Celtics’ Kyrie Irving Resting Sore Knee Longer Before Playoffs Start; Marcus Smart Injures Thumb
Kyrie Irving is hoping to rest his sore left knee even longer than initially expected.
Kyrie Irving knee soreness news
The Boston Celtics All-Star point guard — who will be 26 on March 23 — missed last week’s game in Chicago, and then sat out the second half of Sunday’s 99-97 loss to Indiana.
Boston — which was already missing All-Star Al Horford (illness) and Jaylen Brown (concussion) — blew a 12-point lead against the Pacers on Sunday.
Irving added that, with more than a month before the playoffs begin, he is not overly concerned about his achy knee, which he stated he first felt pain in during a March 3 loss to Houston, in which he played 35 minutes. The Celtics (46-21) firmly stand at No. 2 in the Eastern Conference, and trail Toronto by just 3.5 games. Boston is seven games ahead of the third-place Pacers.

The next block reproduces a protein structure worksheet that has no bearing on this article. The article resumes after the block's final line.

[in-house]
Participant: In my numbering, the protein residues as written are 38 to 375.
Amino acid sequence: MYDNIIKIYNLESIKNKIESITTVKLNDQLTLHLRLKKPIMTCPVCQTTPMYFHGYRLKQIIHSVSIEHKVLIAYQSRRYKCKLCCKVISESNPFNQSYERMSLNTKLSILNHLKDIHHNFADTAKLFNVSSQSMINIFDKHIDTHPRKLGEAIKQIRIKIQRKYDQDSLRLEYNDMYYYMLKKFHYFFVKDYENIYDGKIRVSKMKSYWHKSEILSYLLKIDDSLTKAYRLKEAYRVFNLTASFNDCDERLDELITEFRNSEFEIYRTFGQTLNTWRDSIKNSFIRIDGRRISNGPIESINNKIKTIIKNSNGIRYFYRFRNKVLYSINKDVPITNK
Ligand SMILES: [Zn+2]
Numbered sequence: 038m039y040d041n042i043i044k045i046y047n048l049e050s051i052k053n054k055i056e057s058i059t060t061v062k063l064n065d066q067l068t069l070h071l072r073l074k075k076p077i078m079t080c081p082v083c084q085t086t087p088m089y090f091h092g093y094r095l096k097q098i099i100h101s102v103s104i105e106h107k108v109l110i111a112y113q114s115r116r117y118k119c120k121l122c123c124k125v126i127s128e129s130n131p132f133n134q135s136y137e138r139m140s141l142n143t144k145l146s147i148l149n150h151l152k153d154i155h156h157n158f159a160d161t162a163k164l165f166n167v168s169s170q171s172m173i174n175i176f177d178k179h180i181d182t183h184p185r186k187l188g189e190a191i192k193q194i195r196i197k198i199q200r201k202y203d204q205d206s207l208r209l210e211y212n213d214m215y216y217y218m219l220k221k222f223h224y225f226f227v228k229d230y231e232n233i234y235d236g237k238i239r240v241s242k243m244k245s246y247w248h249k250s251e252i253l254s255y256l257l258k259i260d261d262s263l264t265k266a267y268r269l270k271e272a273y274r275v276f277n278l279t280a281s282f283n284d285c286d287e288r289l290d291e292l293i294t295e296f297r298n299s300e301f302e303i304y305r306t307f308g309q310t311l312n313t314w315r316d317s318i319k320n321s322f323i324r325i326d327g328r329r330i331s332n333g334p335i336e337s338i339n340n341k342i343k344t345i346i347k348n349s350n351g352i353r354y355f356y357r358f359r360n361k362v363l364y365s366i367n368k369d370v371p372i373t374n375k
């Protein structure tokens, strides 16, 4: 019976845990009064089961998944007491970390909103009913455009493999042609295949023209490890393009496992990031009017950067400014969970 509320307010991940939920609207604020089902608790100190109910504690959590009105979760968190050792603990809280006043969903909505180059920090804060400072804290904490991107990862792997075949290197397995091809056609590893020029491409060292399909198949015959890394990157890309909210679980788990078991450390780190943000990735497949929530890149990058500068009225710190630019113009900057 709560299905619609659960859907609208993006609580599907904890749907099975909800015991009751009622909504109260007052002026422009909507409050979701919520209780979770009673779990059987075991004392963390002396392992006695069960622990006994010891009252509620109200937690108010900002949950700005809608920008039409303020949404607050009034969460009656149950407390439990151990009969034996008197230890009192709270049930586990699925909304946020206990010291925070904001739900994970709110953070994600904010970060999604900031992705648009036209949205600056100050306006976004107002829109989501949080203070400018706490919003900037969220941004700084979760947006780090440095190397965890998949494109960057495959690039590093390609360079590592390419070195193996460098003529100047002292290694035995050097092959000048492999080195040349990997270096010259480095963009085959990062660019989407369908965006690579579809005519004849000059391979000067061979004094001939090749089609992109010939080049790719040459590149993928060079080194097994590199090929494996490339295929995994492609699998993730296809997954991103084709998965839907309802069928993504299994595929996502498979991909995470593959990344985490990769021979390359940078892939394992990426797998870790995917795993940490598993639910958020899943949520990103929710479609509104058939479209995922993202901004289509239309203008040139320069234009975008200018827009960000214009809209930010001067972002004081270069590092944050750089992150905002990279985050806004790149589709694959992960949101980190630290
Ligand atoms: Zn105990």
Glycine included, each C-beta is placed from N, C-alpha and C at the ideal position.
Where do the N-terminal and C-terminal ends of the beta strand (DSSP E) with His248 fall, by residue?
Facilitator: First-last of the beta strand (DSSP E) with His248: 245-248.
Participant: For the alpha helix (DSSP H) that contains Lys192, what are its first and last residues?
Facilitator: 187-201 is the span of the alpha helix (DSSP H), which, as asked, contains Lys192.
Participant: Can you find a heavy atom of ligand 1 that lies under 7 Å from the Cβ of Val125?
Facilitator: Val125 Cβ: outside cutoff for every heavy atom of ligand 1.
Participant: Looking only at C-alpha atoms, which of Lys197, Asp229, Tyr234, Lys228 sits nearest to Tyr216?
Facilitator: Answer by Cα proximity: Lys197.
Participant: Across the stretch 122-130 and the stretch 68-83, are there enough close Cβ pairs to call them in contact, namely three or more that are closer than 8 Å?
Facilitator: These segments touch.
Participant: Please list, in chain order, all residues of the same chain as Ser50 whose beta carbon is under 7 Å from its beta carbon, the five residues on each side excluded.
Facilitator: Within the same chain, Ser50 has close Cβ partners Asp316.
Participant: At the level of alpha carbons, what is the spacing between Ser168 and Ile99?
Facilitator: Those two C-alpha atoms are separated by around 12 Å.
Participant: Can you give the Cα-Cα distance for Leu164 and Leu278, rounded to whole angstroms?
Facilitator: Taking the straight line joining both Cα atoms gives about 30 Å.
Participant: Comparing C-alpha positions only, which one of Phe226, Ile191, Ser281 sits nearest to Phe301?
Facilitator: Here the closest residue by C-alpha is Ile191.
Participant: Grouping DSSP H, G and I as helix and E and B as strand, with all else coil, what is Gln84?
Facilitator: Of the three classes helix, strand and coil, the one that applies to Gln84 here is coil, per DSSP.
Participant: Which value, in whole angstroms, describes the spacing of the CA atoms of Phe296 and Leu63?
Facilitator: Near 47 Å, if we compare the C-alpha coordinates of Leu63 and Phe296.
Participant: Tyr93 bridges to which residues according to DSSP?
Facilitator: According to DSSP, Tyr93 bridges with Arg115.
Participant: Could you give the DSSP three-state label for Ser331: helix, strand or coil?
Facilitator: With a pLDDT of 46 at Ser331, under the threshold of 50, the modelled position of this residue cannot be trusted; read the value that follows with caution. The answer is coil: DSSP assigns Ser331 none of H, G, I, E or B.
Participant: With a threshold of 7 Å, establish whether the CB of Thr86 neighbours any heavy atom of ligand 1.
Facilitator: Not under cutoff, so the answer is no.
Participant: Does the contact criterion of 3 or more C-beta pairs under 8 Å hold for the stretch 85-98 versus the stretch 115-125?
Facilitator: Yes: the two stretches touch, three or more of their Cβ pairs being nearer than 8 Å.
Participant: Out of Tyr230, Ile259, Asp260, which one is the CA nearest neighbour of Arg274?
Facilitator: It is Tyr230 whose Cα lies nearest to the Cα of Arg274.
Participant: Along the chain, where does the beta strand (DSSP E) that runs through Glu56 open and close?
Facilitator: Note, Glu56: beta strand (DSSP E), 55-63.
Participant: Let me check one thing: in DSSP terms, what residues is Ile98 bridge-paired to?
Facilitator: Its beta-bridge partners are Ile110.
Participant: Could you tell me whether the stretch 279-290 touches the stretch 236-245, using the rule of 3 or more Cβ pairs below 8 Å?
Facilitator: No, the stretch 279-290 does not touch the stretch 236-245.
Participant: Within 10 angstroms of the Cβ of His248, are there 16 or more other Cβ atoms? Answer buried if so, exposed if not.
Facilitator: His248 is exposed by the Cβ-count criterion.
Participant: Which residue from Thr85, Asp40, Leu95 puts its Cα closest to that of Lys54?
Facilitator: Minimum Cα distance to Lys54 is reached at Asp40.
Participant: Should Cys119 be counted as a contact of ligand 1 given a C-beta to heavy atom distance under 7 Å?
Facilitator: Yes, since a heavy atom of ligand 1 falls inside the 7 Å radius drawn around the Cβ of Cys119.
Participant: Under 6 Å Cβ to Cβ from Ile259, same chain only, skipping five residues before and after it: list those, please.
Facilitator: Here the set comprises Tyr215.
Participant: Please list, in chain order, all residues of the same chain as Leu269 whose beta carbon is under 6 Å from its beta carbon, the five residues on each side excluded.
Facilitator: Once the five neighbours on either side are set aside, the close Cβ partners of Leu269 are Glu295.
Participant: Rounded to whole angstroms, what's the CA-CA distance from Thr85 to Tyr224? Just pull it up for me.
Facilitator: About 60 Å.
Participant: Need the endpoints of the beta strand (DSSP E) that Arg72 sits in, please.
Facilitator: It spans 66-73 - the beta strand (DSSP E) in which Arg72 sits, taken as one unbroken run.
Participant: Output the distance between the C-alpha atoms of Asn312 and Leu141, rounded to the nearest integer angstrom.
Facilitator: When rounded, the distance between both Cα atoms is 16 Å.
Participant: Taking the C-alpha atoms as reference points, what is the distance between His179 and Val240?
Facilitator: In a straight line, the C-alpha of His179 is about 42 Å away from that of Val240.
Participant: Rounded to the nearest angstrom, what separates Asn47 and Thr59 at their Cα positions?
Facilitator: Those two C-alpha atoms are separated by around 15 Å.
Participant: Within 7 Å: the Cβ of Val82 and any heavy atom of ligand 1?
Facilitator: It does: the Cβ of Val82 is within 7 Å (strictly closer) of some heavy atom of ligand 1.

“I’m not concerned. Where we are in the season, I’m pretty comfortable,” Irving said. “I think that, competitively, I think that’s more or less what I’m concerned about. When I actually do get back on the floor, I want to feel the level I expect myself to be at and I want to play at and being able to sustain it. Right now, I’m not able to do that. I just got to do that.”
Irving previously sustained a fractured kneecap during the 2015 Finals, which an injury that ultimately required surgery.
When asked if he might eventually need more work on his knee, Irving said he was unsure.
To add to the Celtics’ woes, Marcus Smart was diagnosed with a torn thumb ligament on Monday afternoon.
Irving is se to star in the upcoming comedy film Uncle Drew , based on Irving’s titular character in Pepsi Max’s series of advertisements. The film — which stars several former NBA stars including Shaquille O’Neal, Reggie Miller and Chris Webber — will be released in June.
BOSTON, MA – NOVEMBER 30: Kyrie Irving #11 of the Boston Celtics drives against Robert Covington #33 of the Philadelphia 76ers during the first quarter at TD Garden on November 30, 2017 in Boston, Massachusetts.(Photo by Maddie Meyer/Getty Images)